But there needs to be a concentrated effort from the business community together with the government to enable this to happen. Innovative policy instruments should be put in place and removals of bariers like red tape, corruption and non tariff barriers should be ensured. Also collective development of various sectors is needed to enable complementary growth.
As per the official release, the Summit
“..will discuss important matters on topics relating to the economy, banking & financial sector, agriculture, dairy, fisheries & tourism, employment, need for English and ICT as business languages and the importance of governance & accountability, both in the private and public sector“.
…pay special emphasis to key challenges confronting the country, which includes post war reconstruction and resettlement, developing the northern and eastern regions, promoting balanced growth and macroeconomic management.
…will explore how challenges could be converted into opportunities and opportunities turned into time-bound action plans. The challenges and opportunities, both external and internal, would require cohesive effort from all stakeholders and the program for the summit has been designed to generate fresh ideas, a consensus view and a clear vision for the development of Sri Lanka.”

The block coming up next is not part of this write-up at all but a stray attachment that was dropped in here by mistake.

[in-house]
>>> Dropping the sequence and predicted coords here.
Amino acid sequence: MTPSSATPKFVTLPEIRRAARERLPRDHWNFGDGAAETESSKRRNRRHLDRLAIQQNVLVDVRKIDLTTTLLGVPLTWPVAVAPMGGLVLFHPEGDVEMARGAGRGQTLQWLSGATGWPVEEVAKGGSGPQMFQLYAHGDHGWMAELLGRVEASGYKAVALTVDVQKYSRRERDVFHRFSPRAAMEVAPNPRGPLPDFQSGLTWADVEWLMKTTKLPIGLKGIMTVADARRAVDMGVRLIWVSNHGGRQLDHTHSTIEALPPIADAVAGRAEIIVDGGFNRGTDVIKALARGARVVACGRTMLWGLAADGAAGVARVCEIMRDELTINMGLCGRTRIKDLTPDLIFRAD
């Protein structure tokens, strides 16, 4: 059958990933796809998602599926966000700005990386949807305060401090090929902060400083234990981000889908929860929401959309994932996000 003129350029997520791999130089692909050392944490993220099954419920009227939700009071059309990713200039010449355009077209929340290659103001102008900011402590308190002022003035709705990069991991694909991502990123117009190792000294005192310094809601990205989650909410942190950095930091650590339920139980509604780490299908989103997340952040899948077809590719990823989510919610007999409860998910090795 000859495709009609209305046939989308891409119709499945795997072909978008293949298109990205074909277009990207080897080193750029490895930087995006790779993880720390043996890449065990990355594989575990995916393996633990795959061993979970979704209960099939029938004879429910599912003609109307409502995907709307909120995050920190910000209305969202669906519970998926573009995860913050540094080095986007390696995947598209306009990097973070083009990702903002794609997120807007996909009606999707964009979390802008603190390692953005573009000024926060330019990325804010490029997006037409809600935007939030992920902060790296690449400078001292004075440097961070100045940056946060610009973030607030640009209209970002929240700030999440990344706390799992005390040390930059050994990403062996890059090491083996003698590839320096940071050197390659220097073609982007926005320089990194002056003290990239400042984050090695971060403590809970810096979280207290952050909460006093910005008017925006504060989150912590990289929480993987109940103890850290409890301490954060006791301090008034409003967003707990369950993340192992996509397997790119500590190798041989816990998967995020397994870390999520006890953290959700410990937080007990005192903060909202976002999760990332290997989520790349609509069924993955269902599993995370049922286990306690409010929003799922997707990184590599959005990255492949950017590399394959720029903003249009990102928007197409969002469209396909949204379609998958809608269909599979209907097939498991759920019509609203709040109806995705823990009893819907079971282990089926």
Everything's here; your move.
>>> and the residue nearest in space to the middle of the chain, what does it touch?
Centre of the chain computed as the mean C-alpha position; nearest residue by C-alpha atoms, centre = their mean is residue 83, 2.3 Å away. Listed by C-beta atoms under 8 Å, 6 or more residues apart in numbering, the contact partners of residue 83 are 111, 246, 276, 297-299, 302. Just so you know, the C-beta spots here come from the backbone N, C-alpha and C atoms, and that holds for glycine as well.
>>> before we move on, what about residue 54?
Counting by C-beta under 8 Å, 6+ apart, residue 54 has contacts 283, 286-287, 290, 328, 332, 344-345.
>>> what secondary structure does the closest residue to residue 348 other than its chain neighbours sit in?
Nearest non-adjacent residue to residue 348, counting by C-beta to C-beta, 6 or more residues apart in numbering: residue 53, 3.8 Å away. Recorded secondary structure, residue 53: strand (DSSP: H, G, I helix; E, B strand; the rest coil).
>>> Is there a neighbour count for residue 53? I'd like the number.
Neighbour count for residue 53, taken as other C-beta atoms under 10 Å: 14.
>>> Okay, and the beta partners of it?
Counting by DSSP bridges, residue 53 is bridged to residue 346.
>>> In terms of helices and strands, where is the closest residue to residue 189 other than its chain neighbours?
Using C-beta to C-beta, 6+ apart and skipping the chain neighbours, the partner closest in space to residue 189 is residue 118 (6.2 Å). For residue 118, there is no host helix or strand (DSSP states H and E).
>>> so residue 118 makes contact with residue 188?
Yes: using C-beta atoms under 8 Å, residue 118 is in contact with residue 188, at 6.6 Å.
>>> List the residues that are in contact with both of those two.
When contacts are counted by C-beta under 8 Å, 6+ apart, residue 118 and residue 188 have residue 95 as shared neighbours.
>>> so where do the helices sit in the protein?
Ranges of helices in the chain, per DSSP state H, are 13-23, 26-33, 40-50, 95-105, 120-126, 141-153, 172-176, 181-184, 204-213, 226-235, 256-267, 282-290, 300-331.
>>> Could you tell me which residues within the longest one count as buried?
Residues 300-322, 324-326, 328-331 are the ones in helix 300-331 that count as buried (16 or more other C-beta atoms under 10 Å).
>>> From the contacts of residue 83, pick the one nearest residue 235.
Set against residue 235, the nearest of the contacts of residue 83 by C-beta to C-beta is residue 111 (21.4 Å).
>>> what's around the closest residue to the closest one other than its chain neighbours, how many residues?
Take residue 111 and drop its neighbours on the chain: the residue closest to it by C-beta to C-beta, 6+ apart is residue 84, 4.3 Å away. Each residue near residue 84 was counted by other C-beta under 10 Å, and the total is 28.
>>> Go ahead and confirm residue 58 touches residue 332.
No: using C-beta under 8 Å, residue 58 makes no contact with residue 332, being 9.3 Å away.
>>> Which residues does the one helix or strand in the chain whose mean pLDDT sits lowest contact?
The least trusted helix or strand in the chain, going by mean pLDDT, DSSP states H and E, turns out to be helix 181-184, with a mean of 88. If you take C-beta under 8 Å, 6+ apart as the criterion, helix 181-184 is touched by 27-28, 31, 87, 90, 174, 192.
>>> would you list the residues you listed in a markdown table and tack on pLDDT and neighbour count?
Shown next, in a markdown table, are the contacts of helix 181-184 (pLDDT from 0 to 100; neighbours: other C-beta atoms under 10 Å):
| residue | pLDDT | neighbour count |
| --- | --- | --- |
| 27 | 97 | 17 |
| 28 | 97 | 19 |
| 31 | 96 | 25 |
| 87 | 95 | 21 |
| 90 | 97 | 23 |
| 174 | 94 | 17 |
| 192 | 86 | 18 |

It costs roughly Rs14,000 for individual participation and they do not provide free passes for students, i checked. So unless someone is willing to generously sponsor me, live updates and blog posts on the outcomes of the summit seems somewhat of a hazy reality. Also, if you’re foreign, It costs you $200 which at today’s rate comes to roughly 23k and i think that is without taxes.
Im not sure if there is any mechanism in place for the conclusions and ideas ensuing to be released to the public. Ideally they should have organized some sort of a live feed like a twitter/blogging platform and enabled recordings on YouTube etc. The Chamber of Commerce needs to get with the times.
The list of panelists include individuals from the government, international and regional financial/ research sector, local business leaders etc and looks promising. Hopefully, findings and conclusions made will have a concrete nature and would not be afraid to suggest radical change.
Also, the areas of concern seem to be largely related to the immediate future. But thats alright. Hopefully, this will help shape the government’s future policy framework for the economy when they get down to it. What I’d really like to see is some serious governmental communications as to what their long term vision for the economy is. Flowery talk and metaphorical allusions to Singapore/Hong Kong etc notwithstanding.